Nowadays, as we see in American Pie, is that boys don’t become men because they went on a vision quest or spent great time and effort preparing for their Bar Mitzvah.
No, it’s when they first garner a woman’s approval through sexual congress. It isn’t getting married to a woman, it isn’t working hard through your teenage years to become the man you want to be. No, it is that a man can simply garner a woman’s sexual approval. The whole chasing love in American Pie is simply a poorly veiled smokescreen for a society that does not truly value love and relationships, but one that idolizes sex.
So, it isn’t of becoming a man when you get married and start a family, it shrinks back to simply to be able to say you can have sex with women. This isn’t progress, it is madness. Getting married already implies sexual access, but also the legitimization of a relationship that will result in children and involvement in the community. It is puerile nonsense, but we haven’t bottomed out yet.
Superbad was released in 2007, to great financial success and critical approval. I will assume you have watched the movie, but it involves a group of young men — the same age as the characters in American Pie — but something has changed. One main character (Jonah Hill) is extremely fat, the nebbish nerd (Michael Cera) is many steps back from his counterpart in American Pie (Finch) and the loser (McLovin) is a complete and utter goober. The loser gets laid for a few seconds before getting busted by the cops raiding the party. The other two main characters don’t get laid at all — so they don’t even reach the all-important goal of female sexual approval — but it is hinted at the ending when they might have a shot with their respective ladies.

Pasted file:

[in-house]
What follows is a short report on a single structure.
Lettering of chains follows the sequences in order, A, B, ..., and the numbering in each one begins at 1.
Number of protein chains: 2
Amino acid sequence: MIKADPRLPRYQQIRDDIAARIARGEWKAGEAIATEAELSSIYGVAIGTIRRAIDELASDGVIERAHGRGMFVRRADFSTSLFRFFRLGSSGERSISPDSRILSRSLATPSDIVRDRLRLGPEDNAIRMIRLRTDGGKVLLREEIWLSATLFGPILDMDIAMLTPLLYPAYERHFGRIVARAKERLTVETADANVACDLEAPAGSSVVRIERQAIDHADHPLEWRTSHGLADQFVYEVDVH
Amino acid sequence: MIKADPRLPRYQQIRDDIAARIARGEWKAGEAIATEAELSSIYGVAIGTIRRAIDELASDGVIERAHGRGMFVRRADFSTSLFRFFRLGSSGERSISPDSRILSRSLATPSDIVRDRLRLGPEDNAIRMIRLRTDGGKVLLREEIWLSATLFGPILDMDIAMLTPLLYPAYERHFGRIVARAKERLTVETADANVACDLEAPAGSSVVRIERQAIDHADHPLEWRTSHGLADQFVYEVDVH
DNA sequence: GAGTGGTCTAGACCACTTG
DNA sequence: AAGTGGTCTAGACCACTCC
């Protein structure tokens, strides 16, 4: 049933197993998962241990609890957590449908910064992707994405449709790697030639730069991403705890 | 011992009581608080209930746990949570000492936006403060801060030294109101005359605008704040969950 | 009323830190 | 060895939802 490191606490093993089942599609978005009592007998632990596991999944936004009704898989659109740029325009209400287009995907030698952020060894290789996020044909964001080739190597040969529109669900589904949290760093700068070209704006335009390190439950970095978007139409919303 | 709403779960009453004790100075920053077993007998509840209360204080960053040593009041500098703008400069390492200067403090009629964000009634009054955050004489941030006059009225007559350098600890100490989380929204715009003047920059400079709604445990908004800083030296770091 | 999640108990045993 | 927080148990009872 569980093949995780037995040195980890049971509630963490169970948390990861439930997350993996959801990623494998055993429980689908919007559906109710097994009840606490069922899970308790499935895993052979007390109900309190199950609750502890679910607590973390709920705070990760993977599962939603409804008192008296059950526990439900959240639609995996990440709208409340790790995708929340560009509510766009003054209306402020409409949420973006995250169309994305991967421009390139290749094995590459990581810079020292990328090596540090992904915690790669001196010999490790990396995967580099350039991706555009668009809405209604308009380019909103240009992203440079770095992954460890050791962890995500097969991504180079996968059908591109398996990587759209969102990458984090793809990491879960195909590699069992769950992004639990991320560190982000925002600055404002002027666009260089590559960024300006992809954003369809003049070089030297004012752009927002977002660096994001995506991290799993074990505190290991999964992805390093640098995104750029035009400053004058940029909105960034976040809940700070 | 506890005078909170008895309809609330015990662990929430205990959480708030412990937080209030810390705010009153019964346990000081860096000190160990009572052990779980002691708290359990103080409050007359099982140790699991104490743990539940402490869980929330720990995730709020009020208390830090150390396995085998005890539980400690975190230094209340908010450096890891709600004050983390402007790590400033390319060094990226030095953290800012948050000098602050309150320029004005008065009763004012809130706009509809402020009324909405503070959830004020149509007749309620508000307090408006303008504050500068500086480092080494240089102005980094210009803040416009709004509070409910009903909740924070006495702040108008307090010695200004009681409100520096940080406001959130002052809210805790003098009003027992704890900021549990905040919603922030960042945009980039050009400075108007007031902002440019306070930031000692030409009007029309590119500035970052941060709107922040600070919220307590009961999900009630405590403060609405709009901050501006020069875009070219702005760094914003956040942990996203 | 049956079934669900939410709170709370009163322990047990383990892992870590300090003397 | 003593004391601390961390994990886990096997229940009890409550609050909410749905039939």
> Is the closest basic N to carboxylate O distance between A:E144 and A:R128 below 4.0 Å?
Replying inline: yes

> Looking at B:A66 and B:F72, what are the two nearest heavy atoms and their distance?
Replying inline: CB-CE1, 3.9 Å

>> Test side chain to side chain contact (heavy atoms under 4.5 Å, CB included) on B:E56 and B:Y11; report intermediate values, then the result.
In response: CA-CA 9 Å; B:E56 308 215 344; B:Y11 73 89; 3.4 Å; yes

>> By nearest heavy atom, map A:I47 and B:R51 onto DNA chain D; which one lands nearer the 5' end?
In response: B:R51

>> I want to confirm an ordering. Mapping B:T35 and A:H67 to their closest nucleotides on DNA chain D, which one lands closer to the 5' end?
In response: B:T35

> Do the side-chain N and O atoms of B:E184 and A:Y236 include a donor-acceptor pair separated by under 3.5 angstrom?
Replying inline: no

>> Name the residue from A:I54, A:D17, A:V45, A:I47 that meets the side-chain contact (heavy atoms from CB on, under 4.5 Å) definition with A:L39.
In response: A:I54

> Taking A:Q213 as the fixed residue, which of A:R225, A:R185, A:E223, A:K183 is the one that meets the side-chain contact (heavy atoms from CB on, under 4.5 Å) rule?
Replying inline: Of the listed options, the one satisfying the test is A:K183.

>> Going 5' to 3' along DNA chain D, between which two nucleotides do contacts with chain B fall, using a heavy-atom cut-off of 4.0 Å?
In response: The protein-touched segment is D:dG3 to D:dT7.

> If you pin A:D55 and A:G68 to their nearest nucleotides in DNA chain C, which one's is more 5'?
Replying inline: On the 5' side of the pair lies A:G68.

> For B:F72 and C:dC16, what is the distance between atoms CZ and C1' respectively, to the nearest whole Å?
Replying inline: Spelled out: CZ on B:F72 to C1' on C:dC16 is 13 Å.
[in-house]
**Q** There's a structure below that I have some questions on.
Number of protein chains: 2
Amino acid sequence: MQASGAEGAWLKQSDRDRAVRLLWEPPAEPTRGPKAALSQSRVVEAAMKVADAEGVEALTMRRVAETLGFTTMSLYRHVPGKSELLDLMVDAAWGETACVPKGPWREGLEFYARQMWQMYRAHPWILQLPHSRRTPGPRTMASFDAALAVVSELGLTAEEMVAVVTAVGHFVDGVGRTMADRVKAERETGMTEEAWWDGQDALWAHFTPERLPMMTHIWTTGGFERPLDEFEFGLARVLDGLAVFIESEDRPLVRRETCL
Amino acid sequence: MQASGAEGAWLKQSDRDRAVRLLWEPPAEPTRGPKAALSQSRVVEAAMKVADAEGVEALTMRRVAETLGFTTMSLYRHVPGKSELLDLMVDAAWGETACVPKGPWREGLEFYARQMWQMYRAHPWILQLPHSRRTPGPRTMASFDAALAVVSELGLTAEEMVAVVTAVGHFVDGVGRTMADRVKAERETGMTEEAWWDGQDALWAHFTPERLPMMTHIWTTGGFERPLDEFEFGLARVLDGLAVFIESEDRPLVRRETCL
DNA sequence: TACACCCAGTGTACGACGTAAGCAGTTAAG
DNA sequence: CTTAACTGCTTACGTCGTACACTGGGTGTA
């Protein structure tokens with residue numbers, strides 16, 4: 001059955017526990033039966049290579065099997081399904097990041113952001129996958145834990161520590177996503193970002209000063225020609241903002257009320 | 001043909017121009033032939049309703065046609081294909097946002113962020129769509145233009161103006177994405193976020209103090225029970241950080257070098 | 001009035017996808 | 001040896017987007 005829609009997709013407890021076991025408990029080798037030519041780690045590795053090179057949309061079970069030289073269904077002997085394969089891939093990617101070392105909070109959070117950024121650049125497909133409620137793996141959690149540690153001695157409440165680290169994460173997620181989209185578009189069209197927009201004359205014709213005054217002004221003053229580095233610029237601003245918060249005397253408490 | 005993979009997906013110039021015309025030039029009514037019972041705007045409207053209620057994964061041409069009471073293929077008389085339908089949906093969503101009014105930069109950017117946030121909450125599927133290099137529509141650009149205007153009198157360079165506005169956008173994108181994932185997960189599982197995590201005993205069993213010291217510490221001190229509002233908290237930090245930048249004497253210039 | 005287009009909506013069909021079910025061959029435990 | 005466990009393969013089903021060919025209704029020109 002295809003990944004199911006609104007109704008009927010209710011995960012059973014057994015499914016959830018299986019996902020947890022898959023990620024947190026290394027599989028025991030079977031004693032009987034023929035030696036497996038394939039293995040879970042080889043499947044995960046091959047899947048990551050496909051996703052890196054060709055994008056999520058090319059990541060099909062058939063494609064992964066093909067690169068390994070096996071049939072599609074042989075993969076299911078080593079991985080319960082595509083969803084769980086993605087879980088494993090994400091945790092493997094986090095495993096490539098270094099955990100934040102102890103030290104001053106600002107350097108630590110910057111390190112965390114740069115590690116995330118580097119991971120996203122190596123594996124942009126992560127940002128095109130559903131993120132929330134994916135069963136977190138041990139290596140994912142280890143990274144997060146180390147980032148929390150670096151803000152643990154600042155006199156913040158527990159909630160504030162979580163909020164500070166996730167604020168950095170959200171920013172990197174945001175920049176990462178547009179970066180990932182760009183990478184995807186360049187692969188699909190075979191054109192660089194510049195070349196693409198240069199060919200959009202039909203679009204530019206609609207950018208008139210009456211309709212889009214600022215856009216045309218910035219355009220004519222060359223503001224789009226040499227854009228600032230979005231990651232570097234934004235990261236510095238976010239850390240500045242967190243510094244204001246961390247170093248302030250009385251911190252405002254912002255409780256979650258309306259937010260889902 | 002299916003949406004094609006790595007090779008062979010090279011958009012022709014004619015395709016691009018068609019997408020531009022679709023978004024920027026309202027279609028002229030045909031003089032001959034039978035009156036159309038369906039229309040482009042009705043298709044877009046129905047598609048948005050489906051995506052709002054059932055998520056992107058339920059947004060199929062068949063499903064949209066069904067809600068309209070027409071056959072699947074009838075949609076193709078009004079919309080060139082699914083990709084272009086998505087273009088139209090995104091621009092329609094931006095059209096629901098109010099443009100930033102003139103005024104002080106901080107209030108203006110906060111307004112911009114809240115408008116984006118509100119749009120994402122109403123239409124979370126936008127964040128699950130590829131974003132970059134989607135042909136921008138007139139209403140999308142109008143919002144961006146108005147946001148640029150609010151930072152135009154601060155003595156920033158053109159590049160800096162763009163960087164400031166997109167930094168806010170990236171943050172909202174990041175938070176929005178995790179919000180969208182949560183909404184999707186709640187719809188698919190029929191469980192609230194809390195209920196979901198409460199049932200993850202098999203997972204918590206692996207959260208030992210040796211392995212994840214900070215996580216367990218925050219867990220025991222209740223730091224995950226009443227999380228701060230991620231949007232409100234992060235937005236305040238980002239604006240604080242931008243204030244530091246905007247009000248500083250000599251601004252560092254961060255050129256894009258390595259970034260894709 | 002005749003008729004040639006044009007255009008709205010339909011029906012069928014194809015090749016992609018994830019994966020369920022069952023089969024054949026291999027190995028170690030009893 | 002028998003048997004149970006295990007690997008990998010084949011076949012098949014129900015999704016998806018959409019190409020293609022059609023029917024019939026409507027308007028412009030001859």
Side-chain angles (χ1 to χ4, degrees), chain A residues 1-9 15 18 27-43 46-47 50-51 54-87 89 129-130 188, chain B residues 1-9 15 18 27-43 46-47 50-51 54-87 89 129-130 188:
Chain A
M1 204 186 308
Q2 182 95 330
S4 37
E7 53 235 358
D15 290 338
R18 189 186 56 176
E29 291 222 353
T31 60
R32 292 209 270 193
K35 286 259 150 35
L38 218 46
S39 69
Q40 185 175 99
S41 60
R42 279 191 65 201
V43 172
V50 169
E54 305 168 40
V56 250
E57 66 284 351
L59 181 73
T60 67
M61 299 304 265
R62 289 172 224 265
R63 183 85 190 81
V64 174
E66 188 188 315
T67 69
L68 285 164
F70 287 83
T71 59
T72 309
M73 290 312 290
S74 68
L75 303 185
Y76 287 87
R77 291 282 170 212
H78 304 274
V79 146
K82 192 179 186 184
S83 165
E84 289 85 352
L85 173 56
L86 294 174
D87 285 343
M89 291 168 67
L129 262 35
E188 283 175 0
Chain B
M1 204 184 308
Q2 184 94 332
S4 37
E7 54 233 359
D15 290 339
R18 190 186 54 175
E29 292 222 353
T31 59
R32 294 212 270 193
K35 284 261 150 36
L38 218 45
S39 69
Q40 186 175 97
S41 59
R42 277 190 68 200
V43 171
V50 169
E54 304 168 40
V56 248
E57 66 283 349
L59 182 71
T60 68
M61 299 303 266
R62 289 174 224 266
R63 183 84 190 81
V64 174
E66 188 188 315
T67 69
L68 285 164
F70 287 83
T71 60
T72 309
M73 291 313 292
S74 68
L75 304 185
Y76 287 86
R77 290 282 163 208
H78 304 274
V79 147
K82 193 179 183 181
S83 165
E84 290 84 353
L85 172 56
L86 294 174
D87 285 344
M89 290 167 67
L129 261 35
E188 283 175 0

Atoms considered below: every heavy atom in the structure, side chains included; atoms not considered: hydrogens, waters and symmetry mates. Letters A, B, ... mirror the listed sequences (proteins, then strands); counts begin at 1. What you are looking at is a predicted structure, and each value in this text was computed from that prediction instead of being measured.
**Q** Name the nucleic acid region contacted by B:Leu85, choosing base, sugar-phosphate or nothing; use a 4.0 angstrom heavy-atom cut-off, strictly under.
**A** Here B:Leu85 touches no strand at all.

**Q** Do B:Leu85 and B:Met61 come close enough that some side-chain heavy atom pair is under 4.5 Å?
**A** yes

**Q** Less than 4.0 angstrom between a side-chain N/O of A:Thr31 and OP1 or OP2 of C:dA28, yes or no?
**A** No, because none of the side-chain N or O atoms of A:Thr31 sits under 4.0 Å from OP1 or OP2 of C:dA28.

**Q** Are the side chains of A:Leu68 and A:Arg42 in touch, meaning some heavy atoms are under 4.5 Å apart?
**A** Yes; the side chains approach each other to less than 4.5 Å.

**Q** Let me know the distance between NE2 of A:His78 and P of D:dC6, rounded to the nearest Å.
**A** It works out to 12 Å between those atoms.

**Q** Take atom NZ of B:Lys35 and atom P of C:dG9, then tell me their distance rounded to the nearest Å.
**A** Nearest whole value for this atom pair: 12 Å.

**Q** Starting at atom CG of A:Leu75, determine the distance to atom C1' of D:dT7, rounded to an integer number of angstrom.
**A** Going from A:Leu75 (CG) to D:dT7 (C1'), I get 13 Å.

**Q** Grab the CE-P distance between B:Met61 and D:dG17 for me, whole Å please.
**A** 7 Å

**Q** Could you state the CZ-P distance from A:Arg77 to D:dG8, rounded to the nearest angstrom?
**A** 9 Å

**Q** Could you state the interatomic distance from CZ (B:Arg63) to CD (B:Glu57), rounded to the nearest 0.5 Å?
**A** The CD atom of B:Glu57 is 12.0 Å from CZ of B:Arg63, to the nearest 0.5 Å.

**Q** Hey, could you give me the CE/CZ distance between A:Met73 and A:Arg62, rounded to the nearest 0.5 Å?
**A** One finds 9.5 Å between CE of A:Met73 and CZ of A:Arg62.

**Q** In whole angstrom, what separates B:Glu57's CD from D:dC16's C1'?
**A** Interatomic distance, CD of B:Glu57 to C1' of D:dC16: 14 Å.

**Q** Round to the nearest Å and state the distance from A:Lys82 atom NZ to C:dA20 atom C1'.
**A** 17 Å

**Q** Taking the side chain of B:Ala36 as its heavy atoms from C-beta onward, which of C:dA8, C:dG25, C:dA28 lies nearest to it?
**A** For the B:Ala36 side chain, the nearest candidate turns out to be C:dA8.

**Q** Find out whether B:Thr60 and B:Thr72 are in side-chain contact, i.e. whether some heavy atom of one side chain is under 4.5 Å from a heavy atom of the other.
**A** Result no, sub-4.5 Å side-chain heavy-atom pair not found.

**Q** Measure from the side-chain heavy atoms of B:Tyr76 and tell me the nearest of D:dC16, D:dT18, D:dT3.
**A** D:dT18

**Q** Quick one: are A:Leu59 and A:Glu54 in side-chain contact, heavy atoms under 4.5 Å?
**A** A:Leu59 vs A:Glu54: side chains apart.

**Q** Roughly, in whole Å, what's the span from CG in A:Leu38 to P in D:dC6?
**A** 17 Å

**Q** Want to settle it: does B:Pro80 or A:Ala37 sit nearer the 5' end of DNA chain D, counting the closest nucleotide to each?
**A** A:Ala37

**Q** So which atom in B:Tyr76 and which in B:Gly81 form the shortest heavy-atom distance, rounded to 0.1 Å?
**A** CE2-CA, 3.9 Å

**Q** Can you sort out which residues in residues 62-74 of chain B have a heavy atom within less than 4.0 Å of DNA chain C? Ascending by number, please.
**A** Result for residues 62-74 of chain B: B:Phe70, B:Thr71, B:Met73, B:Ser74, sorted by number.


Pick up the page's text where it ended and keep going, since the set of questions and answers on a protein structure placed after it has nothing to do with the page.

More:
What do we learn in Superbad? Friendship is important. Sex is something that a man might get. Nothing else. Unlike their counterparts in American Pie, who all actually get laid and make decisions about relationships — in Superbad, all we get are some losers attempting to woo women with being able to acquire booze.
The guys in American Pie tried to learn to eat women out, spread gossip about their cock size and other ways to garner female sexual approval while Superbad is about provisioning women with alcohol. Alcohol has gone from the substantial grease of social interactions between men and women — by the time Superbad rolls around –to the common necessary heterosexual denominator.